My partner and I are white and recently adopted an African-American newborn. We are over the moon with happiness and also understand, every day, that we have some real deficiency in being able to raise a black kid, and that we have so much research and work to do to help them grow up to be a fully African-American person. We live in a place that’s diverse but also segregated, and we think about the kind of questions you're facing a lot.

Anyway, here are a few resources:

1. Pact (an adoption organization in Emeryville CA) has a fantastic set of resources related to transracial adoption and related topics, here:
We didn't work with them but someday hope to go to the "Pact Family Camp" when our kid is older and if we can swing it (it's expensive!).

2. It's not specifically about adoption, but there's some very relevant stuff in The Loving Generation, a terrific series of short videos about race and identity among people with one black parent and one white parent (about 40 min altogether, produced by the NYT). Lots of support here for bluedaisy’s note about mirroring, and the importance of seeing other kids and adults of color.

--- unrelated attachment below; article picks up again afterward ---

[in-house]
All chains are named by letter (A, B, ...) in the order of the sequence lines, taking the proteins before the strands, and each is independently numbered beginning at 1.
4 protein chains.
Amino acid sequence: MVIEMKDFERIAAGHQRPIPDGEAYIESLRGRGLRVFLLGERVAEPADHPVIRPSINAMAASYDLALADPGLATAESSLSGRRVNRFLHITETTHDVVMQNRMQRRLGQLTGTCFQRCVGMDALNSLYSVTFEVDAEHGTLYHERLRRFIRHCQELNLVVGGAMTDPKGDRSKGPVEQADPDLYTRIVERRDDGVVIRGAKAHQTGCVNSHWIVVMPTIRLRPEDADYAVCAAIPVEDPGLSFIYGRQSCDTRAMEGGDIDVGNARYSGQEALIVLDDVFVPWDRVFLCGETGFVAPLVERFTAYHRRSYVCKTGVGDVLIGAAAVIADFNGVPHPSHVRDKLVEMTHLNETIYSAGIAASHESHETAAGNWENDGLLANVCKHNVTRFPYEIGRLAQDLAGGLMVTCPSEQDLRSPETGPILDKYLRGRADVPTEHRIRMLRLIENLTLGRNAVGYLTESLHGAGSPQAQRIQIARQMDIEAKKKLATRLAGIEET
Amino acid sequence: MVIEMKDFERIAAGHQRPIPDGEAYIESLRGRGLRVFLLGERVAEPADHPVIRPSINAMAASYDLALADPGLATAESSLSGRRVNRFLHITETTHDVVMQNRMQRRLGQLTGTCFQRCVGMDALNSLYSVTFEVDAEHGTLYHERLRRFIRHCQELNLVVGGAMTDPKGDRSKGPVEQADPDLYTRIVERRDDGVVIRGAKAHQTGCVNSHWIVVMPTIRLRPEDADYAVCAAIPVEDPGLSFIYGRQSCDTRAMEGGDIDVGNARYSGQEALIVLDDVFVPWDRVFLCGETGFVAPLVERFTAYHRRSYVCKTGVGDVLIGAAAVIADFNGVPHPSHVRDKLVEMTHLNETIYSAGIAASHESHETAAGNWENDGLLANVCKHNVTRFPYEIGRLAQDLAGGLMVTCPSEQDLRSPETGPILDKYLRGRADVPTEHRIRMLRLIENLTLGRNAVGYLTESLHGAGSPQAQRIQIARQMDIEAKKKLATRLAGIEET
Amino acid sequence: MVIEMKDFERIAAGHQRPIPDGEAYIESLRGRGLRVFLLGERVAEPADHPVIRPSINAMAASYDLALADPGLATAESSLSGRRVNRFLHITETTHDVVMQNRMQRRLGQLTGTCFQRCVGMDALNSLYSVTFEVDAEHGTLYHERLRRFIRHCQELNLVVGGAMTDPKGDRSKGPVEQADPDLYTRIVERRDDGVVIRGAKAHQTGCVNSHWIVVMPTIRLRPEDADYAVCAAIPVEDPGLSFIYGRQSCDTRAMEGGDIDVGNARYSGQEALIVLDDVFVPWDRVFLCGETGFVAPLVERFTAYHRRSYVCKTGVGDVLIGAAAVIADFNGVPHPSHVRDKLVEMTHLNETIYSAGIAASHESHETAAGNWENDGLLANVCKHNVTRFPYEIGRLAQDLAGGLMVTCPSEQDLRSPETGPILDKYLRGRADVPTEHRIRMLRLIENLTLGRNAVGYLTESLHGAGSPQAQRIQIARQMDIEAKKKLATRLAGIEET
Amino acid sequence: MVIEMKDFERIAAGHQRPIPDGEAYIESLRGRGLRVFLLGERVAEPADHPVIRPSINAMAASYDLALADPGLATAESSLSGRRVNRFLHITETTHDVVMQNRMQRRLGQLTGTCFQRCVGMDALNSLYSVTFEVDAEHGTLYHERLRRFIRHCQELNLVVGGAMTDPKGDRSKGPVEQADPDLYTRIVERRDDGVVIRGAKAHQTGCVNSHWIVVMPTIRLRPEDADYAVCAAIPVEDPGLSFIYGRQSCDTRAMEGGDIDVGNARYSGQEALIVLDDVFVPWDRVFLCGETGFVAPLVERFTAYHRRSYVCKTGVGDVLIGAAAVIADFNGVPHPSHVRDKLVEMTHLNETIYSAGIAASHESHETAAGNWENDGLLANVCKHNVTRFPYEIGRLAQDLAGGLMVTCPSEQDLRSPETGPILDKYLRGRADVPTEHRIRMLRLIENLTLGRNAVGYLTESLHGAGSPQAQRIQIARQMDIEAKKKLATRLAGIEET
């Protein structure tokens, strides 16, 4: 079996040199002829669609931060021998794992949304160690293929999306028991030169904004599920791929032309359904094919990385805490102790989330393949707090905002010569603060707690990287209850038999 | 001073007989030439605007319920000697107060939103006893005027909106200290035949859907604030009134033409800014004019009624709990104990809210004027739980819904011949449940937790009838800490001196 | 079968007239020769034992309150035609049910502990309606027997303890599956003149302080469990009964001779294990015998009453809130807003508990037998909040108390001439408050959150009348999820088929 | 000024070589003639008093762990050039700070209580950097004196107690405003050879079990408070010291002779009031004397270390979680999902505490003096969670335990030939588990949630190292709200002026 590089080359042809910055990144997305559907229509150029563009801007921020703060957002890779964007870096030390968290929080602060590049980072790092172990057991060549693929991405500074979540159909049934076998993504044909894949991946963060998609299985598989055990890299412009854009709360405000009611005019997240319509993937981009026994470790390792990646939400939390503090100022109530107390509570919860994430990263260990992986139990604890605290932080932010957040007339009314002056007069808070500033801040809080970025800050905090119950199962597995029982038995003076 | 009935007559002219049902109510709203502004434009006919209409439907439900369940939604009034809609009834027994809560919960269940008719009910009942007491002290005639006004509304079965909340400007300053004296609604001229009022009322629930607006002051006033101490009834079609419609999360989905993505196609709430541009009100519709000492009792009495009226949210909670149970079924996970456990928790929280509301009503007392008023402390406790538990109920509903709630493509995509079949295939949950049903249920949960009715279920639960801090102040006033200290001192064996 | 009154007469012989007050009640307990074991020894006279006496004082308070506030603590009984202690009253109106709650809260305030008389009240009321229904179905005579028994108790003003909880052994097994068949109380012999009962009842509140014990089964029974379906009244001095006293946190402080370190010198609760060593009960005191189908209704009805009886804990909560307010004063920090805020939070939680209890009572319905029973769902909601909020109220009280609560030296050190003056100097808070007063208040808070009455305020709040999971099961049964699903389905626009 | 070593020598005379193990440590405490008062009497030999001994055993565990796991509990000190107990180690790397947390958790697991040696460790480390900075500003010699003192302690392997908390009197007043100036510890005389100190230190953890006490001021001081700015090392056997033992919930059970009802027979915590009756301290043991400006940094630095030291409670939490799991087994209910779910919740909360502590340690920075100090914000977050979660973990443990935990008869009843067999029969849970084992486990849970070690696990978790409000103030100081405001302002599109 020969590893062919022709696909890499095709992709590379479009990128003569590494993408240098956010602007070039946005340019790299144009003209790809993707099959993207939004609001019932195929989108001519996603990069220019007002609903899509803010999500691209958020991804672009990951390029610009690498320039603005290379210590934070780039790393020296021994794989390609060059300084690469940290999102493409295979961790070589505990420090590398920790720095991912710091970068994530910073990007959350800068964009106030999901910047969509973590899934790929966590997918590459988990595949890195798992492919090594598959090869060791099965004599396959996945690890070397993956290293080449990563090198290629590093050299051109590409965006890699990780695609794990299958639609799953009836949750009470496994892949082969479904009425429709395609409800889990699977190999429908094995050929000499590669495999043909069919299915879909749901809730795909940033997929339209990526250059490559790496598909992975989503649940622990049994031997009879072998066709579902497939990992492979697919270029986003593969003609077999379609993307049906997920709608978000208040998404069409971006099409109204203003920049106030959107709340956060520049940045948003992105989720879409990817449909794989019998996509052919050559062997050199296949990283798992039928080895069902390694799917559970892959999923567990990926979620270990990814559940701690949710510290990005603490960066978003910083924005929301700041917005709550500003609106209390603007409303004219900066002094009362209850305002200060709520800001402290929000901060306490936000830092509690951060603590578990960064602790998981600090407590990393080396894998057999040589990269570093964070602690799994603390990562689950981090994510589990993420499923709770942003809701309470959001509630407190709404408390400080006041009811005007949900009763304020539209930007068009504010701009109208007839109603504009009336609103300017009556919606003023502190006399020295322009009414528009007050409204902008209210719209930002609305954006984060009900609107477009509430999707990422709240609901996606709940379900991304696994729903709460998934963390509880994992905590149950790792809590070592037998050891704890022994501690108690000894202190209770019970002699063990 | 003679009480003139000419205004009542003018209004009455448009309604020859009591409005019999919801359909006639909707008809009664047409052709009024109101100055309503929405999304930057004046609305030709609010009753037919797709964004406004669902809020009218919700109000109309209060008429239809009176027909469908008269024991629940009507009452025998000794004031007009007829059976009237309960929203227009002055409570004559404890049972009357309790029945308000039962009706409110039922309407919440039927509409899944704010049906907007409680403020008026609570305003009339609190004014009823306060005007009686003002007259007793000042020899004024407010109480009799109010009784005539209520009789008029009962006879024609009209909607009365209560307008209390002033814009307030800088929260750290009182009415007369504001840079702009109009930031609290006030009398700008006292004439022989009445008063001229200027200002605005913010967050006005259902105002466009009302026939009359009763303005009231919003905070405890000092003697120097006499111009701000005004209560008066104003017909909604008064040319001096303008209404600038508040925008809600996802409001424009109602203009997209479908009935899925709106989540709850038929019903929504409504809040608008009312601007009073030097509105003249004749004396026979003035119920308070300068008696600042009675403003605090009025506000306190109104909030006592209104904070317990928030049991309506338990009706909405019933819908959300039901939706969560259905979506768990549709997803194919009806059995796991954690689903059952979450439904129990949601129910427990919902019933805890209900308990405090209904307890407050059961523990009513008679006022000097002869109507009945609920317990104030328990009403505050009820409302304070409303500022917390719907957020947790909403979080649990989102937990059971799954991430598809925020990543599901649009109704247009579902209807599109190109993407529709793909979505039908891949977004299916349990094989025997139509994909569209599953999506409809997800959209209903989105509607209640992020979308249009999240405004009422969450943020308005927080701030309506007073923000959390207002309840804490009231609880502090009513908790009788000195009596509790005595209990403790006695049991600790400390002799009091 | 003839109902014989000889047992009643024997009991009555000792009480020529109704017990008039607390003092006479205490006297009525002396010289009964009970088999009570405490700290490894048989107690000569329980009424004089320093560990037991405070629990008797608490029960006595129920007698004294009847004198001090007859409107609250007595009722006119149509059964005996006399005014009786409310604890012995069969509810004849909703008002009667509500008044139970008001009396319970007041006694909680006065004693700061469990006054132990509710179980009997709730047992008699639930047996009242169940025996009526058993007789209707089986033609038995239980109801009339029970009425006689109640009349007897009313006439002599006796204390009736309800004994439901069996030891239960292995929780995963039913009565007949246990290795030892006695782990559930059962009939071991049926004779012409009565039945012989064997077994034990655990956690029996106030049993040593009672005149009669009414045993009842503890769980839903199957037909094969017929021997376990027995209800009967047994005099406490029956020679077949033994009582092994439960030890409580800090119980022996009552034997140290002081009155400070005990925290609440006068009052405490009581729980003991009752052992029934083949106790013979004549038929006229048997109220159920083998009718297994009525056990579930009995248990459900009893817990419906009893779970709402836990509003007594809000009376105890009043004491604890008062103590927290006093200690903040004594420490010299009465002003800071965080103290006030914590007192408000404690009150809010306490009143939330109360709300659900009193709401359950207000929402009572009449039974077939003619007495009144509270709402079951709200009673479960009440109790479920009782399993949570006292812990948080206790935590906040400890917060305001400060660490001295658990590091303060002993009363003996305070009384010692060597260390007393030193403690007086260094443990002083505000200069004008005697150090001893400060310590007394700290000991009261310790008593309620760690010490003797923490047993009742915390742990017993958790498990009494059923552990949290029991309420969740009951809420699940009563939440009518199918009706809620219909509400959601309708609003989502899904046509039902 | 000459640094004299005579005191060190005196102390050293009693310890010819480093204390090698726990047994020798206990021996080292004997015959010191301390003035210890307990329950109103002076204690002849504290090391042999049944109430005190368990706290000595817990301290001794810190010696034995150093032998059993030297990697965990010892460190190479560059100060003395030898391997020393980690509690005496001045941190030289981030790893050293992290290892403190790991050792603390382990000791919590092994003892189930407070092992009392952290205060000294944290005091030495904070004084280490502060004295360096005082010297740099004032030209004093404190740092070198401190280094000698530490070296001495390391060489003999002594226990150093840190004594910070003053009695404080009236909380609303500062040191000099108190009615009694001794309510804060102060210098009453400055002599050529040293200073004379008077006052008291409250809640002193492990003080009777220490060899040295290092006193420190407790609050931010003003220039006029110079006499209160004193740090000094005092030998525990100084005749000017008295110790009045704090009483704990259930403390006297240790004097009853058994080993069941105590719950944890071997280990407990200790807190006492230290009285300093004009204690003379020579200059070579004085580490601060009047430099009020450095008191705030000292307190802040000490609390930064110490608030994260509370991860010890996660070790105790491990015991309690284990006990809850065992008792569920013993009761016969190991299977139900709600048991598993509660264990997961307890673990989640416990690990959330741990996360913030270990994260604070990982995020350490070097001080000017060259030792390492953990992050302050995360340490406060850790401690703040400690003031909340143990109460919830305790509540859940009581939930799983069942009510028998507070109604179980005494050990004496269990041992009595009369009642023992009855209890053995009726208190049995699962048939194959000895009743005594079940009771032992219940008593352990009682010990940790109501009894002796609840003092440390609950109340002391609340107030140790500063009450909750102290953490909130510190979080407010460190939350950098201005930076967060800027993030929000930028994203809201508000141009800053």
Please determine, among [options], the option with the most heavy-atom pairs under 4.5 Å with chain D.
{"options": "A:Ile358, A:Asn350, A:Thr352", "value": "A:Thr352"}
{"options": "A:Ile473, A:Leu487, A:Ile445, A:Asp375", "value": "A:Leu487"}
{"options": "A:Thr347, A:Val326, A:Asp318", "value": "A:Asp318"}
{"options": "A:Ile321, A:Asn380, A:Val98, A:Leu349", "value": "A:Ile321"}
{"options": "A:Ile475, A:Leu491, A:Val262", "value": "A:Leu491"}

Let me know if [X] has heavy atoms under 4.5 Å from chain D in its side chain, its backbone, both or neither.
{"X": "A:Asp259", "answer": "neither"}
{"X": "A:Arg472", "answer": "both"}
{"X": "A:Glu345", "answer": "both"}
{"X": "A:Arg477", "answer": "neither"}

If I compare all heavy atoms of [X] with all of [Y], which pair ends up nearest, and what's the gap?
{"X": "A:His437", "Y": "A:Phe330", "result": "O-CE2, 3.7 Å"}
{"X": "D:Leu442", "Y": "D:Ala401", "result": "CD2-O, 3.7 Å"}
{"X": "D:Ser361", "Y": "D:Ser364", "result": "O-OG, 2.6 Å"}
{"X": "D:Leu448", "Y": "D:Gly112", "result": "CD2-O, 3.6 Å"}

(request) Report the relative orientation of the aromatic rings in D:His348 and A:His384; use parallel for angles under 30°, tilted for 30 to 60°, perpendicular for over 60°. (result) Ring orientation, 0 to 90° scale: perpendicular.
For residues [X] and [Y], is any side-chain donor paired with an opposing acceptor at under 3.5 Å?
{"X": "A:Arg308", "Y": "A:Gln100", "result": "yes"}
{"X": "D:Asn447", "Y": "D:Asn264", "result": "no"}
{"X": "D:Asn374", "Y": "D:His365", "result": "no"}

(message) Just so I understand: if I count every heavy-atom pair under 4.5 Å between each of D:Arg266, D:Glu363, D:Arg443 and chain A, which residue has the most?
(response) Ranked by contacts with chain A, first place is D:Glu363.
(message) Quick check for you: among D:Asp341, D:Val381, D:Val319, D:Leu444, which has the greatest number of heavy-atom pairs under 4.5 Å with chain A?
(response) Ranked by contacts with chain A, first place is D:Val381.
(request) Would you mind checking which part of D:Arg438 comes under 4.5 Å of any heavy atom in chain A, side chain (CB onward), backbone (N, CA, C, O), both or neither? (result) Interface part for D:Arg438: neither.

3. Nikole Hannah-Jones, one of the people interviewed in those videos, is very much worth reading and following on twitter. Here's a pretty brutal thread from her on transracial adoption. The stories here are from people who, it's safe to guess, never asked "am I overthinking this?"

Heartily nthing the suggestion of reading and listening to adult adoptees. Nicole Chung's recent book is great (she's great on twitter too). It's important and valuable to look squarely at the hard stuff, and it sounds like you're doing just that. I like this line from Pact's mission statement: "Transracial adoption can work beautifully if the parents are serious about helping their child build a positive racial identity."

Good luck thinking this stuff through with your husband. For us it's working out great, though I know we have a lot of hard stuff (and homework) ahead of us.

posted by BuddhaInABucket at 2:12 PM on August 7, 2019 [3 favorites]

Thanks everyone for all the links to outside sources with information, and to those of you who have shared personal stories as well. It's exactly what I was looking for.
posted by BuddhaInABucket at 2:18 PM on August 7, 2019